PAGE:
The Spring & Langan Championship Fight at Worcester



Championship Fight at Worcester 1824The greatest of the county matches, and one of the greatest prize fights of all times, took place on Pitchcroft on January 7, 1823; when Tom Springs and Paddy Langan fought for the Championship of England. Spring, a native of Warwick, was the reigning champion, and had been challenged by Paddy Langan, the 'Irish Champion', Langan, aged 25, had made a tour of Lancashire, and his skill and courage had won him many backers. Warwickshire badly wanted to stage the fight, offering 150 guineas aside, but Worcestershire easily outbid its neighbour, and of more importance, Worcestershire magistrates were ready to ignore the law.   

40,000 on Pitchcroft

The match was arranged to take place on Pitchcroft, with the use of the grandstand, for stakes of 300 sovereigns aside, and handbills were circulated. So great was the demand for seats that wagons and temporary stands had to be used, and cost an extra 10 shillings. All accommodation around Worcester was snapped up. The city was agog with expectation, which turned to alarm as the Severn rose and flooded Pitchcroft, almost postponing the event. 

On Wednesday, Janaury 7th, 1823, the day of the fight, it was estimated that 40,000 were on Pitchcroft, and most had been in position by 8am. By 10am, the stands were grossly overcrowded  and before the fight started part of the temporary stand had collapsed. Later, the remainder collapsed, killing one and seriously injuring many. The fight was stopped to get the injured out of the wreckage, and over to the infirmary.

The First 32 Rounds  

At 12.35 Spring arrived with Tom Crip as second, from Croome Court, where they had been staying as guests of Lord Coventry. Most of nobility of the Midlands were present, including three peers, but Langan was nowhere to be found. Because of legal difficulties, the two boxers had not been displayed. Langan's name was called, but it was not until 1 pm, that Langan stepped into the ring to the roar of his supporter's cheers. Spring was taller and more muscular, and half- a-stone heavier.

The fight started at 1.40 with Lord Deerhurst and Sir James Musgrave as timekeepers, and Col Berkeley as umpire. The rounds in those days were not of equal length, and the first four rounds were 10 minutes each, and were taken up with sparring, in which Langan was cleverly stopping the champion, and aiming at his wind. In the 3rd round Langon was down, and in the 4th they were both down, but the betting was still 50 to 5 on Spring. In the 5th round, Langan came back strongly and Spring was down. In the 9th Spring was thrown heavily, to return next round to punish severely. So the battle swayed each way with much rolling and wrestling.

84 Rounds   

So the battle continued with much wrestling and hugging, with vicious bursts from both men, Langan still trying for Spring's wind. Both men were exhausted, but Langan landed a tremendous blow to Spring's head, which left him staggering about blindly. The champion's backers  were now very worried, for it looked as if he could not last, but he gathered his strength and came back incredibly, and dominated the fight. In the 84th round Langan fell bleeding and exhausted, and the organisers, worried as to the consequences of such punishment, called on his seconds to take him away. Langan violently protested, 'Clear the ring. I have not given in, l can fight for another hour'. His seconds however, he gave in. It was 4.15, and Tom Spring was carried away in triumph.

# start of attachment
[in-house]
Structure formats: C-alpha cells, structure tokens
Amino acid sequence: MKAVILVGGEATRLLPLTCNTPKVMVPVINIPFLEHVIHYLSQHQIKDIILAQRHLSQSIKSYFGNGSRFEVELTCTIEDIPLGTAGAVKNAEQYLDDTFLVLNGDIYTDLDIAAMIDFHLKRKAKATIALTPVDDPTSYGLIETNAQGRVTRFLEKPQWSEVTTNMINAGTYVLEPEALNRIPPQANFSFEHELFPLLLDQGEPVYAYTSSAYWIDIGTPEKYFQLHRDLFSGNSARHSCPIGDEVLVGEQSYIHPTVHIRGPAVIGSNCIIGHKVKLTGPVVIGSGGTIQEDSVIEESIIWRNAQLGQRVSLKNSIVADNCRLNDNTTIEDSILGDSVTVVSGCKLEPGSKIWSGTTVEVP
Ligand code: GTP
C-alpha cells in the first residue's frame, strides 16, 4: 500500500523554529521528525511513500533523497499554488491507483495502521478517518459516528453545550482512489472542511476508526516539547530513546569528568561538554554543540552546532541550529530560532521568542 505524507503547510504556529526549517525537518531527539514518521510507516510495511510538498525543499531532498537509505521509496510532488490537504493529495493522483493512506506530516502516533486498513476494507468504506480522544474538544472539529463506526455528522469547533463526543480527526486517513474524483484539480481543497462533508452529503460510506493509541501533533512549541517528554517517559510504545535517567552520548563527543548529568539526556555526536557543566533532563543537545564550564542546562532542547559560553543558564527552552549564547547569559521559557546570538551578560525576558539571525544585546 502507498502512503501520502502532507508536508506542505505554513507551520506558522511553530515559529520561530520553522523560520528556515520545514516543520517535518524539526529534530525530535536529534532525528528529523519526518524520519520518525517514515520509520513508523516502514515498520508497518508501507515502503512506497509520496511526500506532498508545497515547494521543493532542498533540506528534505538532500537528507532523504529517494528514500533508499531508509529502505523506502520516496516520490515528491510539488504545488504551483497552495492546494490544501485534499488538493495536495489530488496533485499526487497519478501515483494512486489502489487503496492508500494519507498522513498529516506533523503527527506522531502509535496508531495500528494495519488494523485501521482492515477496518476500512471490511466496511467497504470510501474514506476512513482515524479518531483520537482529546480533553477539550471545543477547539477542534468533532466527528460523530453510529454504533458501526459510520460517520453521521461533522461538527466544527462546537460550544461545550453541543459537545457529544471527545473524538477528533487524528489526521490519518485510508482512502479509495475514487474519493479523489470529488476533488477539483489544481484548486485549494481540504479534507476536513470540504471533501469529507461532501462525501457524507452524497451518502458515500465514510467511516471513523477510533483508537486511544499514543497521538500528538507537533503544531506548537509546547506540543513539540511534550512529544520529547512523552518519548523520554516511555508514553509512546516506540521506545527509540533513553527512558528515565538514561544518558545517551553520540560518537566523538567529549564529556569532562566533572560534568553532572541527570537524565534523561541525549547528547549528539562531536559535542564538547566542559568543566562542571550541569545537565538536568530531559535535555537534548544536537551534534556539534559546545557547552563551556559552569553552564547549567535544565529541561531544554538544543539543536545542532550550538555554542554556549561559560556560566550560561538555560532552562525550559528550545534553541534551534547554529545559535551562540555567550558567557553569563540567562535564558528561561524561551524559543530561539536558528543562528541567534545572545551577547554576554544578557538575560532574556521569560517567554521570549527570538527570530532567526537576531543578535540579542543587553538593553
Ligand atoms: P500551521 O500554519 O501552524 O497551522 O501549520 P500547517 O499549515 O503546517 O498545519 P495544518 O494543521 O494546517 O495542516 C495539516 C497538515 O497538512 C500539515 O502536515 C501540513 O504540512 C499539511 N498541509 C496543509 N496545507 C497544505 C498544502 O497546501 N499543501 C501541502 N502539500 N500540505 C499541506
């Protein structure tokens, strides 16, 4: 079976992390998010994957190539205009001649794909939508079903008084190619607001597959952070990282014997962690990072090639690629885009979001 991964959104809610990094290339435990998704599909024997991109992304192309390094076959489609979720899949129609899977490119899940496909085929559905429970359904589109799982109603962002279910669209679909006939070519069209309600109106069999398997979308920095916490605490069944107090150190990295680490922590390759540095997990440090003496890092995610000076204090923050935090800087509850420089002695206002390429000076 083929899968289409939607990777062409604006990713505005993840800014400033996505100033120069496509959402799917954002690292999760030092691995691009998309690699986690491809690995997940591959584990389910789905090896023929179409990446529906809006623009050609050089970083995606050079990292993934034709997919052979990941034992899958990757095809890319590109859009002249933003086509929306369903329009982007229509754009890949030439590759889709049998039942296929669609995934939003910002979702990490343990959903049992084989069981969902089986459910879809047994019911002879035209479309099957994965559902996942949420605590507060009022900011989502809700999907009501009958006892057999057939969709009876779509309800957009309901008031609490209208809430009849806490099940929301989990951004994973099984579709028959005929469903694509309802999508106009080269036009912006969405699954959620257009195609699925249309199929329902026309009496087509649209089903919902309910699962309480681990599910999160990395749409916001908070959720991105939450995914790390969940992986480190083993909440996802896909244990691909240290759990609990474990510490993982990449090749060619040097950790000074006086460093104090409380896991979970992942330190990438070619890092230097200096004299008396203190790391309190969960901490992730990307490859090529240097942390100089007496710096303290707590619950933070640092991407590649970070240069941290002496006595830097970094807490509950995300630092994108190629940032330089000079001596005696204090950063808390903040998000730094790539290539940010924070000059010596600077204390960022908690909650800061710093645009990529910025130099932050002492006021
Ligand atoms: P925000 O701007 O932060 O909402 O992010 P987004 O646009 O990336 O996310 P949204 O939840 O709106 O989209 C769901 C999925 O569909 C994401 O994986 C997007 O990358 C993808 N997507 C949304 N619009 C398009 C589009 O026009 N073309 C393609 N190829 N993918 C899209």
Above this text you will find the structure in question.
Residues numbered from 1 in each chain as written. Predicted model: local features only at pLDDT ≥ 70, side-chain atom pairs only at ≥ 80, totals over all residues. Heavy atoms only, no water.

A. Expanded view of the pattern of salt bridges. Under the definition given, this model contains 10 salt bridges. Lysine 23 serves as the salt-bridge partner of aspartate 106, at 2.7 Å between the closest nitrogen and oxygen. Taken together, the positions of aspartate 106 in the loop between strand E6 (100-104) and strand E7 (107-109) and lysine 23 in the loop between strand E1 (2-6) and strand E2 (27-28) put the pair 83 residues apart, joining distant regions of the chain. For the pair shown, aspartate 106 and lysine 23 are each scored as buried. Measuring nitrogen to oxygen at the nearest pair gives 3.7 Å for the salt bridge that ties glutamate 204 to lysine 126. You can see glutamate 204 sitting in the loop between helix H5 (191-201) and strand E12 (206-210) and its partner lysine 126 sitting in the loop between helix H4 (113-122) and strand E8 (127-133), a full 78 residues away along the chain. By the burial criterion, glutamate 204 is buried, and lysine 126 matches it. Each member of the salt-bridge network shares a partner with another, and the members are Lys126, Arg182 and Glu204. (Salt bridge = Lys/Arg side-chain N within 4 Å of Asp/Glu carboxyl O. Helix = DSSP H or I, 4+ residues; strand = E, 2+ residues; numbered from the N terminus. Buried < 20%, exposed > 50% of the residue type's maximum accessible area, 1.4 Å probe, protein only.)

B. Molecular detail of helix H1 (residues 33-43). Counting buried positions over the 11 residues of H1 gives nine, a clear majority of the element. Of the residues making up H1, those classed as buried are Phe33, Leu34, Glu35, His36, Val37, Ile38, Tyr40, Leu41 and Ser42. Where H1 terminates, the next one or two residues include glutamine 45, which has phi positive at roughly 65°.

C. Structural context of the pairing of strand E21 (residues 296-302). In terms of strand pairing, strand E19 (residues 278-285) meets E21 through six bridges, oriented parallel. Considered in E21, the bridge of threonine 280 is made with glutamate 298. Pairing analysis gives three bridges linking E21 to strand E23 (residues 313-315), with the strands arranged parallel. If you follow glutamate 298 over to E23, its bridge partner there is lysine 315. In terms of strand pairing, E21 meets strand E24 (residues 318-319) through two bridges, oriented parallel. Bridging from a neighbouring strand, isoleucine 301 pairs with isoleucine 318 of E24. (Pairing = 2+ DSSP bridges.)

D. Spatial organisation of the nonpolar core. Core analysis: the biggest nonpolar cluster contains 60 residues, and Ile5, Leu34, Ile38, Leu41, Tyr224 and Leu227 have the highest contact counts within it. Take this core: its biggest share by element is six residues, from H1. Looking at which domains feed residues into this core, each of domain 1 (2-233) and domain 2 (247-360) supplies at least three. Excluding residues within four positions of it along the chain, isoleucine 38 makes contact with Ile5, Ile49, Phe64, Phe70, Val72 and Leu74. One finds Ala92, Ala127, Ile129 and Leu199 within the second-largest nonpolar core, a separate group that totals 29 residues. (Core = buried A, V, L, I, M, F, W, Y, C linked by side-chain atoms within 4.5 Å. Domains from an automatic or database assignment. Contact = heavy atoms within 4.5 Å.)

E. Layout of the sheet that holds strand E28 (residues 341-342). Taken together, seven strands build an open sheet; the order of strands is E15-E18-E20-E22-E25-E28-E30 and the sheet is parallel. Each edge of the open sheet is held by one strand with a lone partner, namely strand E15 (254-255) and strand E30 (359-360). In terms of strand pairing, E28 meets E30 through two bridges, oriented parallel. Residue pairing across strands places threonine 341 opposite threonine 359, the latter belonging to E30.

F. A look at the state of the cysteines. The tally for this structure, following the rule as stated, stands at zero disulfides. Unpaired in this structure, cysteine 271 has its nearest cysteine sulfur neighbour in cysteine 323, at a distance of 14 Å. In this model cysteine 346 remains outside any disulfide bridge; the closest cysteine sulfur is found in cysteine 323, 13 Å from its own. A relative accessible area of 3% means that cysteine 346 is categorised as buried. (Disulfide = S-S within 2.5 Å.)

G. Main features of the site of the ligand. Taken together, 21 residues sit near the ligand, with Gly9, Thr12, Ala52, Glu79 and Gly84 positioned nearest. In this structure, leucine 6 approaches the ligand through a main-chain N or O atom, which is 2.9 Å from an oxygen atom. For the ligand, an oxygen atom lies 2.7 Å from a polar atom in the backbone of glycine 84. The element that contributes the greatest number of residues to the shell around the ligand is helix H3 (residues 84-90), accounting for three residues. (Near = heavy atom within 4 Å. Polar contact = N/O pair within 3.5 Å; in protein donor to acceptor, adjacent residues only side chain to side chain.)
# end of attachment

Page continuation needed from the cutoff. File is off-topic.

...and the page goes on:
Both men were medically examined, and were fit again in a few days. Though Spring won, many of his supporters lost their bets, as Spring had been expected to win easily in shorter time.    

After the Fight

When Mr. Justice Park presided over Worcester Assize two months later, and dealing with a calendar that included a prize fight at Bromsgrove, where a fighter named Levi Brown had died from injuries received in the ring, he took the opportunity to admonish all concerned with the Worcester fight; especially as the extra stands had taken three days to erect, and that many of the chief county magistrates were officiating at the fight.

Tom Spring was born Thomas Winter February 1795 at Fownhope in Herefordshire and died at the Castle Tavern in Holborn, London August 1851, he fought 13 prize fights lasting a total of no fewer than 420 rounds, between 1812 & 1824, winning 12 and loosing just one . 

Tom's Record

  • October 1812:  Hereford Fair won over 15 rounds against John Hollands
  • June 1814:  Mordeford, Herefordshire Beat George Hands over 11 rounds
  • September 1817: Moulsey Hurst Won over 29 rounds against Jack Springer
  • April 1818:  Mickleham Down. Beat Ned Painter over 31 rounds
  • August 1818:  Kings Ditton. Lost over 42 rounds to Ned Painter
  • May 1819: Crawley Down. Won over 71 rounds against Jack Carter
  • December 1819: Wimbledon Common. Beat Ben Burn over 11 rounds
  • May 1820: Epsom Down. Won over 18 rounds against Young Bob Burn
  • June 1820: Moulsey Hurst. Beat Josh Hudson over six rounds 
  • February 1821: Hayes. Won over 25 rounds against Tom Oliver
  • May 1822: Hinckley Down. Beat Bill Neate over eight rounds
  • January 1823: Worcester. Won over Jack Langan
  • June 1824: Chichester. Won over 77 rounds Jack Langan